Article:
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Tenants Celebrate Two Years of Independent Living in New Residential Model for AHRC New York City

When AHRC New York City asked different departments to identify perspective tenants with intellectual and other developmental disabilities (I/DD) for 12 new Bronx apartments, it was uncertain about what to expect.

Walter Glasco enjoys the view from the communal outdoor space from Parkside Terrace in the Bronx

Walter Glasco enjoys the view from the communal outdoor space from Parkside Terrace in the Bronx

But what is abundantly clear after two years is that a partnership among AHRC NYC, the state of New York, and a developer to create affordable housing in the Bronx for people with I/DD has evolved into much more than a home.

“They all know each other, have each other’s phone numbers and hang out…all without staff intervention,” said Jennifer Teich, AHRC NYC’s Associate Vice President, Individualized Supports. “I didn’t expect them to gel organically the way they did.”

Three ladies attend a yoga class most mornings at a studio around the corner. Three others go to church together. “The support they give each other has made them safer and happier,” Teich said.

Then came COVID-19, coinciding with the one-year anniversary of living independently, a goal all the residents identified prior to moving in.

A Major Milestone Amid the Pandemic

The tenants marked their second anniversary at Parkside Terrace in March. Unlike the first year, there were new rituals to practice: Wash your hands as soon as you come in the house, morning temperature checks and masks, said Jennifer Jimenez, AHRC NYC Residential Habilitation Counselor.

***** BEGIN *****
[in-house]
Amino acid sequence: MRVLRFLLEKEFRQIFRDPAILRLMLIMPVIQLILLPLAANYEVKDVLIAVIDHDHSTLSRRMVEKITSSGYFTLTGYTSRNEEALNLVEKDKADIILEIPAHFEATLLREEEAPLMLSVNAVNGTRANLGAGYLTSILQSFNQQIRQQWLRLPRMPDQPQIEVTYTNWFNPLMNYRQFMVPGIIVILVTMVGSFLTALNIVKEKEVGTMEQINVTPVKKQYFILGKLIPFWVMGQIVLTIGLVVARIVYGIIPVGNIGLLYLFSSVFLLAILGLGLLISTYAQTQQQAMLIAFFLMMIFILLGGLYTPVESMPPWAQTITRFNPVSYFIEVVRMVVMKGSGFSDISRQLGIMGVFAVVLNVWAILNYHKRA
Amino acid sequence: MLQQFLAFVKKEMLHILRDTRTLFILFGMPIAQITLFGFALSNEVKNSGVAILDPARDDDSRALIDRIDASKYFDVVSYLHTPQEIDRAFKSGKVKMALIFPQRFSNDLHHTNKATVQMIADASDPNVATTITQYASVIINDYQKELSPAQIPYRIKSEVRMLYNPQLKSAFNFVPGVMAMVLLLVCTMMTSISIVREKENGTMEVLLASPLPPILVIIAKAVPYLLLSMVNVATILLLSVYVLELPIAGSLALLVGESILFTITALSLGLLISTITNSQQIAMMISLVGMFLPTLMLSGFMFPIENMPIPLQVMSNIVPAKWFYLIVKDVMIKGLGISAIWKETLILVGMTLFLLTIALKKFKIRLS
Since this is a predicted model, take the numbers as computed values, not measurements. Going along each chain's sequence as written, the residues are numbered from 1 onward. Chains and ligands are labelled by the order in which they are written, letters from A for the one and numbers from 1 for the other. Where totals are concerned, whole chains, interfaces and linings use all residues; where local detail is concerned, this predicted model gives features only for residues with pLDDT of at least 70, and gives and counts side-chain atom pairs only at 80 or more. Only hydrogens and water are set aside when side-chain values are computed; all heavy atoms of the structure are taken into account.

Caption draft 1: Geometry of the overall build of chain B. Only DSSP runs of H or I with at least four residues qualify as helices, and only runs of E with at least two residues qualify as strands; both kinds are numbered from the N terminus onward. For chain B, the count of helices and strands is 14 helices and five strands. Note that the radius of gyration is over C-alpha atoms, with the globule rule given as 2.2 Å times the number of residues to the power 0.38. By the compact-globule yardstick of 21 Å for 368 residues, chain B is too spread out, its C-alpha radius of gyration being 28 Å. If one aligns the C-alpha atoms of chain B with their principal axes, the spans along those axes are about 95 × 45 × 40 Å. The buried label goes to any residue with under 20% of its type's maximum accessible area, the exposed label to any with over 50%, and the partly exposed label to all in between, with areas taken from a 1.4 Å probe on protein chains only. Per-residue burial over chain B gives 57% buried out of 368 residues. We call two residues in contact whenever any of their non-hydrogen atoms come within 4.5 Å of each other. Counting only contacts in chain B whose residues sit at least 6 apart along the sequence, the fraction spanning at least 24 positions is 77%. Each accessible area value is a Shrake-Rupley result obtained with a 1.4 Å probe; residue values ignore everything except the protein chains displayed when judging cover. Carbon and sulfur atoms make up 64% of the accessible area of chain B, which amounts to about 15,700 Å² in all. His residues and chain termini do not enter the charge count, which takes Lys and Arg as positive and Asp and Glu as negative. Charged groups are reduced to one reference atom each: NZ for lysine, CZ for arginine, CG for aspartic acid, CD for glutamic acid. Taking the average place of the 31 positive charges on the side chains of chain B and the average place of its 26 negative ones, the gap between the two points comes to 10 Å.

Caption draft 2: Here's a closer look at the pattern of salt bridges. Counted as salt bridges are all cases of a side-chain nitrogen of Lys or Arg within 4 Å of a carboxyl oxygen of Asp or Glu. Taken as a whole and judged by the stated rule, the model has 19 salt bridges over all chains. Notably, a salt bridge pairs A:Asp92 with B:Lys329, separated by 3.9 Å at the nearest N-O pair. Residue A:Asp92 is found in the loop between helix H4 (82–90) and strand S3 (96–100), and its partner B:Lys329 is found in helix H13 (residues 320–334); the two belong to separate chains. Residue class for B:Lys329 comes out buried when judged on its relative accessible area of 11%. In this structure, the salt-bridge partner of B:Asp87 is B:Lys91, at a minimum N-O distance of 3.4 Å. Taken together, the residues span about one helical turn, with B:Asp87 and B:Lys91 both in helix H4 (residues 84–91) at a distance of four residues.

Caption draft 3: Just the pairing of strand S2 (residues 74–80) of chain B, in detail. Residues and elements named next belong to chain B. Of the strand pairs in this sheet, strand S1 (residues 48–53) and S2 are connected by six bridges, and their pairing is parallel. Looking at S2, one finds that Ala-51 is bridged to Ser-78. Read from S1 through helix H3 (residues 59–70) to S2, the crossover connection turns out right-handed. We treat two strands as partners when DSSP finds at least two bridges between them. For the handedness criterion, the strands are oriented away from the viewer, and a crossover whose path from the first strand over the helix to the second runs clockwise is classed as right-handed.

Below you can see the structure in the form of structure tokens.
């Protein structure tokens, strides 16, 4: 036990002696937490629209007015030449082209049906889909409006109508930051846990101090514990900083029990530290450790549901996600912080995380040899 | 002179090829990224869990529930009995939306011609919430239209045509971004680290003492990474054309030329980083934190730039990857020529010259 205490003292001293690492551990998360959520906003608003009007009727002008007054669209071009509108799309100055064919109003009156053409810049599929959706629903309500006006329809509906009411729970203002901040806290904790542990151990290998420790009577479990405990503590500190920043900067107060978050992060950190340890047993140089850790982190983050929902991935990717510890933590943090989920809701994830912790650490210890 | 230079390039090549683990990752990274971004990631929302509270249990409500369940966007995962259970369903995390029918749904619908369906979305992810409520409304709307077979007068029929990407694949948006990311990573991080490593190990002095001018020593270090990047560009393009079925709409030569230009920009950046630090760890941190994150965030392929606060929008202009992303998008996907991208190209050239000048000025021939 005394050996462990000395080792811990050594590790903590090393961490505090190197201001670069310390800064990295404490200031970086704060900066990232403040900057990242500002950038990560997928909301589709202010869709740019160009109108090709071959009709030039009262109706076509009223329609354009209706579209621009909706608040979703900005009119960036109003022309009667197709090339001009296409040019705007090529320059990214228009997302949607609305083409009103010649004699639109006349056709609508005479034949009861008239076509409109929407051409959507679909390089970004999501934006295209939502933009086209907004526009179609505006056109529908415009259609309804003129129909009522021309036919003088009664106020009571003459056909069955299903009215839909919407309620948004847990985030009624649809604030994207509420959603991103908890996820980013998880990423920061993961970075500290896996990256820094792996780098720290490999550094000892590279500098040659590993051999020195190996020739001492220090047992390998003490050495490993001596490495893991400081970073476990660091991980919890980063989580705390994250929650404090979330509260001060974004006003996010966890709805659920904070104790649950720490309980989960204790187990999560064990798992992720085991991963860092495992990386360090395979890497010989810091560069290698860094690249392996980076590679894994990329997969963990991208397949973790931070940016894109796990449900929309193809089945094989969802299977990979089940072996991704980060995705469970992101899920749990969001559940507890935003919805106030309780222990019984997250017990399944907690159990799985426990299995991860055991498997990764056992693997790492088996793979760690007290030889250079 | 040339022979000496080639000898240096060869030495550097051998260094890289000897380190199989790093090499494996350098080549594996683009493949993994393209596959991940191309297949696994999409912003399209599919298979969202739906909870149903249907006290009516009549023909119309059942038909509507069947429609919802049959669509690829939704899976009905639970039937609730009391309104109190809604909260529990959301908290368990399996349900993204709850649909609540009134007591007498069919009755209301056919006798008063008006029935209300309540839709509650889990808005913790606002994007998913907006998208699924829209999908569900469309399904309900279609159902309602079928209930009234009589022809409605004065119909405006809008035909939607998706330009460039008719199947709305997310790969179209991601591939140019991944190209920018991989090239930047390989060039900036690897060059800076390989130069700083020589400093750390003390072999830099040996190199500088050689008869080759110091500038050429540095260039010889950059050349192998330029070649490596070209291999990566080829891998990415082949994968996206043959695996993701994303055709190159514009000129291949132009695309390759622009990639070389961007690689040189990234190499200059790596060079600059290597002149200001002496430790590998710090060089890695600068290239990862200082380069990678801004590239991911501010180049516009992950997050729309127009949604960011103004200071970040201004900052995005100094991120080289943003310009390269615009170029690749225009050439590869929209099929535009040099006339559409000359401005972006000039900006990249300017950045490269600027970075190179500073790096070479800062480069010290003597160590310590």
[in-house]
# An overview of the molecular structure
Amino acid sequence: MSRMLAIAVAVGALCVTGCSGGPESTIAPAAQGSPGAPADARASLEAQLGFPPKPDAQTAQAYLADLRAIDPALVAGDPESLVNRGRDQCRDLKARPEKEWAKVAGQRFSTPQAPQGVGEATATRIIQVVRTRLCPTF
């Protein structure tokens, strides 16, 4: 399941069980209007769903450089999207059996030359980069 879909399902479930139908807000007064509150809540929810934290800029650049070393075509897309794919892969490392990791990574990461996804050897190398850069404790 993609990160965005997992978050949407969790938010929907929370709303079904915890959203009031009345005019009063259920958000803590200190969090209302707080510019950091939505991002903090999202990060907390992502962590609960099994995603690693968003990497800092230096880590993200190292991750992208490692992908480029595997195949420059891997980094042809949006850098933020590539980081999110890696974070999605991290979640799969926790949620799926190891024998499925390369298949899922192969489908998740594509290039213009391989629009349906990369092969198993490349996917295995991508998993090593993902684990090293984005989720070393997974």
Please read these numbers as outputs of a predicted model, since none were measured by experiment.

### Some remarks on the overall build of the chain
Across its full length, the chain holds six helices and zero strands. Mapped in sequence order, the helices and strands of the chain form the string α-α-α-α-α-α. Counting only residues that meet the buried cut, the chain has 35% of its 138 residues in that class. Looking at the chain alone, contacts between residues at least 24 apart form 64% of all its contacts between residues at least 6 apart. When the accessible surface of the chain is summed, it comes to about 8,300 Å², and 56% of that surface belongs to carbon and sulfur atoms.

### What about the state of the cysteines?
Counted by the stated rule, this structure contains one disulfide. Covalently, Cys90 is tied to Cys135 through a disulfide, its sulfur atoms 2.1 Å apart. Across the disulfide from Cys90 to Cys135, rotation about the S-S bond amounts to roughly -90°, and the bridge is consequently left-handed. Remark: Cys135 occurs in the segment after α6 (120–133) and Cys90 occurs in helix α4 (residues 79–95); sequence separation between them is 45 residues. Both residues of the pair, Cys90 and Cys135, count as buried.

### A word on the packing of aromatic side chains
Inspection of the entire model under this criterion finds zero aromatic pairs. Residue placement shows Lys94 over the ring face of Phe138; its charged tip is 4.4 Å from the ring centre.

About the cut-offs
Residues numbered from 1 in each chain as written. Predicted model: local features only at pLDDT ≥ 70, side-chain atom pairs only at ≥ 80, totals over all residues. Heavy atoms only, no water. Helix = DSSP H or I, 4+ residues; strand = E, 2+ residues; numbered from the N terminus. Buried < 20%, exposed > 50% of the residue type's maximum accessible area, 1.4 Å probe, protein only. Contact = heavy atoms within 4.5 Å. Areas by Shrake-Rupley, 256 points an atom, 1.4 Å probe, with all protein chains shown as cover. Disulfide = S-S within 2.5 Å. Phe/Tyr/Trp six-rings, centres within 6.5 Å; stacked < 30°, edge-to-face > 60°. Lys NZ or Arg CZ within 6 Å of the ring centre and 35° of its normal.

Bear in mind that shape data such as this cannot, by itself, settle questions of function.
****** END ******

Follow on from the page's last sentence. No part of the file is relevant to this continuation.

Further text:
Being home and watching the news also posed some problems. Anxiety increased and one tenant decided to self-quarantine because she didn’t want to risk catching the virus. Jimenez took on the role of a mother – repeating herself constantly and reminding people to wear their mask anytime they left their apartment. “We had to be on top of them so they understood how serious it was,” Jimenez said.

To support the tenant, who self-quarantined, Jimenez and Blanca Ortiz, Home Care Field Supervisor, explained to her that everyone needs to adjust.

“If you quarantine too long, it will be difficult for you to get used to the new normal,” Jimenez said, recalling the conversation. “You need to dip your toe into it.” The conversation helped.

The tenants, who already had formed strong friendships, would gather in the staff office off the building’s main entrance. The office, which resembles a living room, became a gathering place to catch up with one another or seek assistance.

AHRC NYC Quarter Page Spring 2021

A Place to Call Home

For Walter Glasco, moving into Parkside Terrace ended his bout with homelessness. Through AHRC NYC’s employment program, Glasco secured a job at the Staten Island Ferry in 2007. At times, he was so cash strapped he could not afford mass transit. So, he walked nearly six miles to the West Side ferry terminal from a 33rd Street shelter on the far East Side. While sleeping in a train station, co-workers told him it wasn’t safe to do that. “I didn’t want to go back to the shelter, but I didn’t have a choice,” Glasco recalled. After my last stay in the shelter system, my Care Manager told me ‘I’m going to get you in a good home, your own home.’ I was overjoyed when I found out I got selected.”

Glasco moved into his studio apartment at Parkside Terrace on March 24, 2019. “The neighbors are nice and I have a sense of privacy,” he said. With AHRC NYC’s support, Glasco is thriving in his home. “It means a lot to have my own space now,” he said. “I’m learning something new every day.”

Creative Thinking Reunites Tenant with Birds